Chlorine is also added for its residual properties. Chlorine remaining in the water supply, or added after disinfection is first accomplished, is available to fight against potential contamination that could enter water distribution and storage systems through broken pipes, crossed connections, or infiltration. This secondary disinfection is an important property of chlorination.


In wine, food processing, and industrial communities, numerous chlorination systems have been installed and are maintained by Heritage Systems, ensuring an ongoing safe source of potable water to winery and industry employees and visitors.

In addition to supplying liquid chlorine, we furnish all the necessary equipment, including storage tanks, pumps, and controllers, to support chlorination operations. This equipment is provided and maintained free of charge.

Liquid chlorine is delivered directly from our truck to our storage tank located at your facility, which eliminates any handling and exposure risks to your employees.


Many transient non-community (TNC) and non-transient non-community (NTNC) water system facilities are required to disinfect their source water before it enters into the distribution system. The federal Ground Water Rule, applicable to all public water systems receiving or providing groundwater, mandates further regulation.


Chlorine has been used routinely in water systems for 100 years. Chlorine not only kills bacteria in the water at the treatment plant but also continues to disinfect all the way into the facility and through to the tap.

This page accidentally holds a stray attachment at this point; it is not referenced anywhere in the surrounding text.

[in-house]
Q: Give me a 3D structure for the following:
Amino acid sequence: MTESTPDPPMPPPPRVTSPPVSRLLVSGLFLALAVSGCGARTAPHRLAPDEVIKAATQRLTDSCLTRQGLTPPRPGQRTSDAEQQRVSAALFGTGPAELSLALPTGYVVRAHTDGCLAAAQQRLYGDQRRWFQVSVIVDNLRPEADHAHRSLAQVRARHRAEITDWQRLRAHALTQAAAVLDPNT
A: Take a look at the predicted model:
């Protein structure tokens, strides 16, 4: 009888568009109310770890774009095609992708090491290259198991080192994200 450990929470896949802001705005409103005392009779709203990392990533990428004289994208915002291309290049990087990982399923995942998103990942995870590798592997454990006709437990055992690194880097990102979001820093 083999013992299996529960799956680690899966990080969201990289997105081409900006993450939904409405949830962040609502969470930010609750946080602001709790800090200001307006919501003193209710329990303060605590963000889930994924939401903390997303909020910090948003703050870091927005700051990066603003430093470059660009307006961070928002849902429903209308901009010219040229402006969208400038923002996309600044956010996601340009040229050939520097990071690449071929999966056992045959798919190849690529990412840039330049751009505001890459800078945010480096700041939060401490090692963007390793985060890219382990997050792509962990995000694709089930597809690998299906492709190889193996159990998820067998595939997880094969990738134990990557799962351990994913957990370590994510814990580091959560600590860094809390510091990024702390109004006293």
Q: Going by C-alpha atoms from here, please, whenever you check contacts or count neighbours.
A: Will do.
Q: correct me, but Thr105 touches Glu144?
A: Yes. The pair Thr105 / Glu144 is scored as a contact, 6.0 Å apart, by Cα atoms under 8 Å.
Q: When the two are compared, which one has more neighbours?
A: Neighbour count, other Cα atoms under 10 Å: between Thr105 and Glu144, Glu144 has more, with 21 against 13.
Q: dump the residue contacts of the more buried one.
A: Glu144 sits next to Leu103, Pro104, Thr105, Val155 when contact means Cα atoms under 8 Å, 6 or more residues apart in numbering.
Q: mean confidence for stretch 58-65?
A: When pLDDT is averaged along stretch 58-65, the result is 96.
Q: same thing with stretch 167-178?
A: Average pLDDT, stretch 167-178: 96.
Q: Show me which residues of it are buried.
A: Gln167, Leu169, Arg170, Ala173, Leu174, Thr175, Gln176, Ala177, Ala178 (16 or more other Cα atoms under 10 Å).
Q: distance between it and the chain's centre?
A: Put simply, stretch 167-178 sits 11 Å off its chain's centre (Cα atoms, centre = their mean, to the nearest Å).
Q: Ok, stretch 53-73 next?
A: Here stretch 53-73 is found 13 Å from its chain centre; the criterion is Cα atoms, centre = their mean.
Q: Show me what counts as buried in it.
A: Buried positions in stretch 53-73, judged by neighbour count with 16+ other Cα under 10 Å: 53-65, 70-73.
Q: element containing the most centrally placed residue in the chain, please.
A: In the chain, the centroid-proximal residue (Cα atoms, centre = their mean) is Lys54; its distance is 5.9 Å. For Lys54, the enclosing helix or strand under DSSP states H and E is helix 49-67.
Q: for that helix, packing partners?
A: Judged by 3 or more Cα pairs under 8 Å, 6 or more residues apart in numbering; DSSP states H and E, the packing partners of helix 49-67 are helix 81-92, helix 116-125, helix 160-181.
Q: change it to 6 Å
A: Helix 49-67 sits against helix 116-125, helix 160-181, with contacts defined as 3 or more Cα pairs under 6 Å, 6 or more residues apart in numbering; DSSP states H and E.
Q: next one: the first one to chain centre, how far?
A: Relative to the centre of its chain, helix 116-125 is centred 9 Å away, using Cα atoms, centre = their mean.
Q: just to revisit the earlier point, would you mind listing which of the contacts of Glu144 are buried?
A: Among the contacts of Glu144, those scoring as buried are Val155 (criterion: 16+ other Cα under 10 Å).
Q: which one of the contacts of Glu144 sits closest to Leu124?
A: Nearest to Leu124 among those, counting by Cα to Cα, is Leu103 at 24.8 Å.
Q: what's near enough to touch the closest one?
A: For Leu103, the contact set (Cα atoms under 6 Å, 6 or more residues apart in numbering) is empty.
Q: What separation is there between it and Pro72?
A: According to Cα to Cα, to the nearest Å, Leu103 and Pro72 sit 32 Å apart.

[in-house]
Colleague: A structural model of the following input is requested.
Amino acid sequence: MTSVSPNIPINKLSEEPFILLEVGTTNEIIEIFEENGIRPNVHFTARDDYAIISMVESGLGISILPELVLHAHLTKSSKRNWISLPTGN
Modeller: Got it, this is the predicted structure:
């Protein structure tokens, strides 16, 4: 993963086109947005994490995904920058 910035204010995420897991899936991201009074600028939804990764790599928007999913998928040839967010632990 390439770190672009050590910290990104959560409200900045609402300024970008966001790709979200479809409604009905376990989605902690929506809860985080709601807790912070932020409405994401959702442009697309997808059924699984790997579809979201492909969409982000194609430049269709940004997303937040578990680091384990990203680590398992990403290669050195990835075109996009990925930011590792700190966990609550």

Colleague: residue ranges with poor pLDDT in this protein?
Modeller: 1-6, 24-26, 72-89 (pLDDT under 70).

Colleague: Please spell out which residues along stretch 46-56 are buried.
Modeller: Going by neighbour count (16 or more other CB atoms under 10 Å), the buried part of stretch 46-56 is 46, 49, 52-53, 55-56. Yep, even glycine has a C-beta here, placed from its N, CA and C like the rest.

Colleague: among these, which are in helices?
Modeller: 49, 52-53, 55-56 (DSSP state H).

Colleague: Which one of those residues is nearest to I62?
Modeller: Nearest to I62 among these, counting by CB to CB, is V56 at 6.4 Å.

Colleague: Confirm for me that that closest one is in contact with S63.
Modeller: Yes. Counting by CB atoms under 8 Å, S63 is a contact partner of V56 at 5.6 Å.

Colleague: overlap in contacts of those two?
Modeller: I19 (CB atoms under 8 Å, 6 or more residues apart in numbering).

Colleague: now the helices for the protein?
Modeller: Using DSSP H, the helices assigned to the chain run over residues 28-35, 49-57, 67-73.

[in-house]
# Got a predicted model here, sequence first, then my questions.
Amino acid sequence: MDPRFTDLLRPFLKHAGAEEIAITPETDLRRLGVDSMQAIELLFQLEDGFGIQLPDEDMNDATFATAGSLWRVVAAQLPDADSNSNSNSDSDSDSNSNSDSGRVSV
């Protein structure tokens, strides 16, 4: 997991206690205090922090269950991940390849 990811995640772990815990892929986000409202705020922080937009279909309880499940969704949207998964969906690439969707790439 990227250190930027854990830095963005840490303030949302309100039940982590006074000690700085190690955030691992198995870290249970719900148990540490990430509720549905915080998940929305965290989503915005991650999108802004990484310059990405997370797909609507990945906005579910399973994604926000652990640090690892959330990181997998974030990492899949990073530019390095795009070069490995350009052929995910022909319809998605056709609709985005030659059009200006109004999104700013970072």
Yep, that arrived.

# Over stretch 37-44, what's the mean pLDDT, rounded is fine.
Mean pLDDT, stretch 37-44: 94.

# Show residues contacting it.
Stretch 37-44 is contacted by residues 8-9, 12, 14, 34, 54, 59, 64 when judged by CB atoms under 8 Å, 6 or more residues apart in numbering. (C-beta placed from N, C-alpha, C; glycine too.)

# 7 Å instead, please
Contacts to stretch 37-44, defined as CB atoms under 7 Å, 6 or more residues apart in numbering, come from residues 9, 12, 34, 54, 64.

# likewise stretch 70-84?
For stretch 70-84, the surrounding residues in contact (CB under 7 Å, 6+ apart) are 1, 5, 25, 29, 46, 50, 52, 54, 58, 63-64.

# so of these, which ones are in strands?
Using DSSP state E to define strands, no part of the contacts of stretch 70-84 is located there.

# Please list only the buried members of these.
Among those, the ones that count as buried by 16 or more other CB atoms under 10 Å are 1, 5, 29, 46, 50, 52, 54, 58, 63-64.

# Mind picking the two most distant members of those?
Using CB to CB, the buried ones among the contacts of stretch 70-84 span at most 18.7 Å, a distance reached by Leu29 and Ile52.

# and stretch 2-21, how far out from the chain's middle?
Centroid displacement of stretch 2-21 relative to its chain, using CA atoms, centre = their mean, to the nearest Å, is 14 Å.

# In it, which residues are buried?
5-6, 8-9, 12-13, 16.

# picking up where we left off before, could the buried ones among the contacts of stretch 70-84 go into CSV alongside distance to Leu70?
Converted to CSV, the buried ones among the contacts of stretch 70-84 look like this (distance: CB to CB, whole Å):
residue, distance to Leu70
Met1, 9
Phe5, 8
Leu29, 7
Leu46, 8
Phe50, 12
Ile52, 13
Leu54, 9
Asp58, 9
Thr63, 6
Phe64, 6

Because of concerns with chlorine, and the undesirable by-products formed in reaction to natural organic matter and the chemical compound bromide found in water, many wineries, food processors and other industries choose to use such alternatives as ozone or ultraviolet radiation; however, these approaches disinfect water only at the site of treatment, not throughout the distribution system--so there are some limitations to their effectiveness.


Heritage Systems is experienced in the operation and maintenance of ultraviolet, ozone and chemical disinfection platforms. Each of these approaches has monitoring and reporting requirements unique and specific to the type of disinfection used.

We understand the process and are able to assist you in providing safe and sustainable products and services to meet ever-changing environmental regulations.


Proper disinfection of drinking water sources is paramount to a safe and consistent supply of this most important resource.

Many wineries, food processors and other industries use ozone or ultraviolet light to disinfect their drinking water sources. Water systems that employ these methods require vigilant oversight and maintenance to ensure efficient and uninterrupted service. This can be a difficult task for often-understaffed maintenance departments.

Heritage Systems offers outsourced maintenance services to assist you with managing your critical system components. We will keep you up and running and help protect the quality and safety of your drinking water.